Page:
My copy of this book was provided gratis by the publisher, Doubleday.

Book Review: My Cat Yugoslavia

My Cat Yugoslavia, by Pajtim Statovci (translated by David Hackston), is a somewhat fragmented story involving metaphors that often slip into the surreal. It tells of a family of Albanians living in Kosovo who move to Finland when the increasing conflict threatens their safety. As refugees they are caught between their old culture and that of the country that has taken them in. What is regarded as respect by the older generation is clearly abuse by the Western European standards in which the children are now raised.

The story opens with an on line hookup between two men, both described as superficially handsome. One wishes to see the other again but is rejected. Thus we discover the problem Bekim has with trust, his fear of settling into a loving relationship and then being hurt. Instead of men he decides to share his life with a snake, the boa constrictor he purchases allowed to roam free in his apartment rather than being confined to its terrarium. His next relationship, which starts in a gay bar, is with a talking cat that wears clothes and has hateful views on homosexuals and immigrants. The snake and cat metaphors are used in subsequent encounters with Bekim’s wider family.

Born in Kosovo, Bekim moved to Finland with his parents and siblings when just a few years old. He was viciously bullied at school for being poor and a refugee. He learned to dread the question, “Where do you come from?” and the judgement that followed. As soon as he was old enough he cut off contact with his parents, ostensibly to further his education. He hated how they treated him, their desire that he behave as would have been expected in their homeland.

Although Bekim’s personal demons are represented by creatures, the second plot line unfolds more clearly. This takes the reader back to 1980 when Bekim’s mother, Emine, first meets the young man she is to marry. Although still at school she has been raised to be a good, Kosovan wife and is happy with the prospect of living with the handsome Bajram. Unlike her parents, he is from a wealthy family. He promises to treat her well.

Preparations for the wedding are described in detail, involving days of prescribed, public ritual where true feelings must be hidden. When Bajram and Emine are finally allowed to be alone together she discovers that he is brutal and demanding. Kosovan men are raised to believe that within their homes they are as gods. The women must acquiesce and serve them quietly, never complaining however disdainfully they are treated.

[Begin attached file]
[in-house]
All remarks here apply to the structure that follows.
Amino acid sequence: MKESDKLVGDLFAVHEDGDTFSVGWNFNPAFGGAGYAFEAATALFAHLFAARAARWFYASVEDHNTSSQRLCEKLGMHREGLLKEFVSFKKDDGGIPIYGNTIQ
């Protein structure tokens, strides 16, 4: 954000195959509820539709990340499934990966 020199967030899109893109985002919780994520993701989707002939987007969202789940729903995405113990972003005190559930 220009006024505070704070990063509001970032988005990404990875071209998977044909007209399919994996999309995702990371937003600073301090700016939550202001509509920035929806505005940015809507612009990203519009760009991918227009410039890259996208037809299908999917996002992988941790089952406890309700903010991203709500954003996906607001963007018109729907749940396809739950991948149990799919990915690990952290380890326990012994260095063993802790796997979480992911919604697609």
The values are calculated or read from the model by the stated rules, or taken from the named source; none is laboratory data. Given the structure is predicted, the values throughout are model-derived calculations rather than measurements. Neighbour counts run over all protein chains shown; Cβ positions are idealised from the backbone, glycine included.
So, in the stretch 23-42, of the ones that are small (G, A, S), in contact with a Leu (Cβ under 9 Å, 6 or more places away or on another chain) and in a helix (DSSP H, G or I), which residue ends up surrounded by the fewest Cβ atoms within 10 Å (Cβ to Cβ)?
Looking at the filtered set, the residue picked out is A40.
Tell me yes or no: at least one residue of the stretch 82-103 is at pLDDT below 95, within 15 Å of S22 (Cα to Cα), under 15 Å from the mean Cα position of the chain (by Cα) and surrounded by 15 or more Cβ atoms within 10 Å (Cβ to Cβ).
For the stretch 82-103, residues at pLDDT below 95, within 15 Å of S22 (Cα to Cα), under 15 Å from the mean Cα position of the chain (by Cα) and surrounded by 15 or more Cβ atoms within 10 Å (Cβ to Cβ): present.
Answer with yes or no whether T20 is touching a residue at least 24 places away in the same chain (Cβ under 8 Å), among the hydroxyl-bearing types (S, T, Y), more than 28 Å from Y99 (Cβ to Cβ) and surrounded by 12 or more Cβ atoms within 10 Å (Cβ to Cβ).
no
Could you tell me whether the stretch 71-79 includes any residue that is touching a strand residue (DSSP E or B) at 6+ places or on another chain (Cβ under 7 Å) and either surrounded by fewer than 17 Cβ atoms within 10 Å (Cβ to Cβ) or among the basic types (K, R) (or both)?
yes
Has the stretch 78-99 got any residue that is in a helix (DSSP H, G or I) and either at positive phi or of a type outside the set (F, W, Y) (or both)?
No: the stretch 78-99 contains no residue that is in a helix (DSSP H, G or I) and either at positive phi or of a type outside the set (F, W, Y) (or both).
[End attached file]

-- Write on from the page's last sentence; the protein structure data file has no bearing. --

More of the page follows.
When the family flee to Finland they live first in a refugee centre and then in a cramped apartment. Although Bajram eventually finds work this does not last as he refuses to accept the concepts of equality and multiculturalism. He mixes with other immigrants and refugees, expecting his family to continue to treat him as the most important member of their household.

“He blindly believed in his own world.”

“People’s attitudes and values seemed to have remained unchanged from the time when they left the country, and they were preserved in tight-knit communities in overcrowded European apartment buildings in disreputable parts of town”

When Kosovo enters a fragile peace, the family become immigrants rather than refugees. The Finnish people’s resentments at their continued presence perpetuates divisions. Bajram feels no gratitude for the home he has been given. He feels justified in taking what he can by whatever means.

Emine does her best to put up with Bajram’s behaviour but understands better than he how their children are torn between the culture of Kosovo and that of Finland.

“How could he possibly have thought that his children would work, pay taxes, then return to him and help make his dreams come true instead of their own?”

Emine, Bajram and Bekim each struggle to find ways to exist having been displaced from everything they were raised to be. They are not the people they once were, but neither do they fit easily into the expectations of their adopted country.

It is always interesting to learn of different cultures, however shocking their accepted behaviours appear to a Western European reader. I was surprised by the attitudes of the refugees and immigrants portrayed as, like the Finnish people, I expected more gratitude. Perhaps I would understand better had I experienced the openly hostile reception they suffered. From that point of view this was a thought-provoking read. As a story though I found the more surreal scenes unclear.

This tale evokes less rapport than I am comfortable with for the characters portrayed due to their reluctant assimilation and demands made of their children. An unusual but not entirely satisfying read.

My copy of this book was provided gratis by the publisher, Pushkin Press.